Panel to explain how to make blogging pay
November 11, 2013 | By Hannes Luth | firstname.lastname@example.org
A panel of journalists will discuss “How to Make Blogging Pay” on Monday, Nov. 18, from 6:30 p.m. to 8:30 p.m., in the Conference Rooms.
Blogging offers opportunities and risks. It can bolster a journalist’s career. On the other hand, journalists are frequently asked to blog for free or very little pay, a trend that seems to be growing in the publishing industry. The panel will include:
Nate Thayer, an investigative journalist who spent 25 years as a foreign correspondent, much of that based in Asia. Thayer’s reporting has earned him the World Press Award, the British Press Scoop of the Year Award, the Francis Frost Wood Award for Courage in Journalism and a nomination for a Pulitzer by the The Wall Street Journal. Thayer hit a nerve with journalists last March when he posted an e-mail exchange with an editor at The Atlantic, who asked him to write an article based on a blog post for free. His blog can be found here.
Max Magee created and edits The Millions, an online magazine covering books, the arts and culture. "The Millions" has been called “the indispensable literary site” by The New York Times and has been featured on NPR and noted by the The Guardian UK, the Los Angeles Times and the New Yorker. Magee started "The Millions" as a blog in 2003 because of his love of literature. It has since grown into a profitable publication that pays its writers.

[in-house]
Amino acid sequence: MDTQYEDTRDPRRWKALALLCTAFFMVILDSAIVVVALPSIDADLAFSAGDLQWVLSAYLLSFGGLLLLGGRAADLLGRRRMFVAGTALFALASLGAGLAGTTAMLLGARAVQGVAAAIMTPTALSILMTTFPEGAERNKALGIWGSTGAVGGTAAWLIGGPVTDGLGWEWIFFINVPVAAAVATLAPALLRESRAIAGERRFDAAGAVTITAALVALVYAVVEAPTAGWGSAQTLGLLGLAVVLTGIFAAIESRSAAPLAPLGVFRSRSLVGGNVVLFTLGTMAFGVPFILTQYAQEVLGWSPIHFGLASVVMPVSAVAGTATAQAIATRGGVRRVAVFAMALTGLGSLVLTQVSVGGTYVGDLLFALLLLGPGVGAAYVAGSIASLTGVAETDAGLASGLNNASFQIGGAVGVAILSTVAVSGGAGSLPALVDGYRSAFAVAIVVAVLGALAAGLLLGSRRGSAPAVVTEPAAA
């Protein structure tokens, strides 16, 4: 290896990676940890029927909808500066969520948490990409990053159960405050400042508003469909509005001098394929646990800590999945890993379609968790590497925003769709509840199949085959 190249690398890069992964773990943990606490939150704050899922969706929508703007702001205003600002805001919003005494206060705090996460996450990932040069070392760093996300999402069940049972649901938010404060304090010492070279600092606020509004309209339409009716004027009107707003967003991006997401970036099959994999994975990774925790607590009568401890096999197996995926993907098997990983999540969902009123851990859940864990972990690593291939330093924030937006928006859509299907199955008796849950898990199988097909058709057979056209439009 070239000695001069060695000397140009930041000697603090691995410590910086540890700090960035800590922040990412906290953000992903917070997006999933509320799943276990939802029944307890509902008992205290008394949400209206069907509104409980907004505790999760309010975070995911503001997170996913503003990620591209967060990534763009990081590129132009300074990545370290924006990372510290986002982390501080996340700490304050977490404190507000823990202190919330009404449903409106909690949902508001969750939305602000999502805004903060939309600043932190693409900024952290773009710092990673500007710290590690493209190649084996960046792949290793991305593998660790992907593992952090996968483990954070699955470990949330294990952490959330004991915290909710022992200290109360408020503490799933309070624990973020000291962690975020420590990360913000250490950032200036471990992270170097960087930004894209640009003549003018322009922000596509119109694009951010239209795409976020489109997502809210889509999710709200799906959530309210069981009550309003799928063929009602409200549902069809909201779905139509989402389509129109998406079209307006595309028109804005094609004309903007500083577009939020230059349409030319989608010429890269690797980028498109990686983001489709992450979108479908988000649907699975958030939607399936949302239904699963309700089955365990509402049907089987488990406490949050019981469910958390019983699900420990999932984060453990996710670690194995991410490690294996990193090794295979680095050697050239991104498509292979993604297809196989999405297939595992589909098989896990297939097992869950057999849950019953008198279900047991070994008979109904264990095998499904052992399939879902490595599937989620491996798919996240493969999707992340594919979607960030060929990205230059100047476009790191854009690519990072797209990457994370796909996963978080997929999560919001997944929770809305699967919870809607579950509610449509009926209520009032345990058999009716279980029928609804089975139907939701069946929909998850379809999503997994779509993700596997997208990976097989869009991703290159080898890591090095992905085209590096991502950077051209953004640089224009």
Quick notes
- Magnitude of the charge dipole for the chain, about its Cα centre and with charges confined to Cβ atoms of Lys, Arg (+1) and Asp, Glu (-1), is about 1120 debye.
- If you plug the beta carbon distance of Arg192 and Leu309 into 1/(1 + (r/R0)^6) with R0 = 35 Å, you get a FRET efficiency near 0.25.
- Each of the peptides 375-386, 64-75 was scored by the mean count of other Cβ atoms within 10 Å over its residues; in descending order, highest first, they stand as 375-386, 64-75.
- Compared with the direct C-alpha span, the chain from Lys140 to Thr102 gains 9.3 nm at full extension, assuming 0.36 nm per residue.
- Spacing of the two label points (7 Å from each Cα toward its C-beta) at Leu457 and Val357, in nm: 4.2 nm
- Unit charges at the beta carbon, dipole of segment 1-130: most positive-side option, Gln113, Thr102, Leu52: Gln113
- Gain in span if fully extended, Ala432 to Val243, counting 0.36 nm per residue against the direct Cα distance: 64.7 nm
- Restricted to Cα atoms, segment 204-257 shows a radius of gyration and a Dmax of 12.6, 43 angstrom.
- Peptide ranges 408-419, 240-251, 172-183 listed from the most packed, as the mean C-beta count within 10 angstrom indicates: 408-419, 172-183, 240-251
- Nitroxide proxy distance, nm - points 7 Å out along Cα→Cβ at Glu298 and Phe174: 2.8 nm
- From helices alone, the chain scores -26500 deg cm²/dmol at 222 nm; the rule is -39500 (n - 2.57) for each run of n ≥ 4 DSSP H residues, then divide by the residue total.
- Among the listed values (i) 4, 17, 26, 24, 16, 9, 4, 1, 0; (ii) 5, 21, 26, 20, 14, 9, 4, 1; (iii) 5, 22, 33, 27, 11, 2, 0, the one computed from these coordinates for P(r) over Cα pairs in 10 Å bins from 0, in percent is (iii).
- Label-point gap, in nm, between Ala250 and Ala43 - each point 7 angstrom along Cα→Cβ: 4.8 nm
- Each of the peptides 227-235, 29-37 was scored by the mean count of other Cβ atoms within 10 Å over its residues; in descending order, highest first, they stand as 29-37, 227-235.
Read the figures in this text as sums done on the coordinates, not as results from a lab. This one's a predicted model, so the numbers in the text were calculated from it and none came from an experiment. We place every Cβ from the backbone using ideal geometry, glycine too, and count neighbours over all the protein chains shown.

Tam Harbert is an independent journalist who has covered technology, business and public policy for 20 years. She worked for a variety of technology publications, including serving as executive editor of Electronic Business magazine. She has freelanced full time since 2006 and has maintained a blog, called A Company of One, for the last four years. Harbert uses her blog to market herself as a freelance writer.
The discussion will be moderated by Hannes Luth, founder and owner of Wunderbar Media LLC, a Washington, D.C.-based company offering television production, cross-culturing training and consulting for creative professionals in four languages.
The panel is sponsored by the Freelance and Professional Development committees. Tickets are $10 for the general public and free for NPC members, but must be reserved here. For more information, contact Hannes Luth at email@example.com.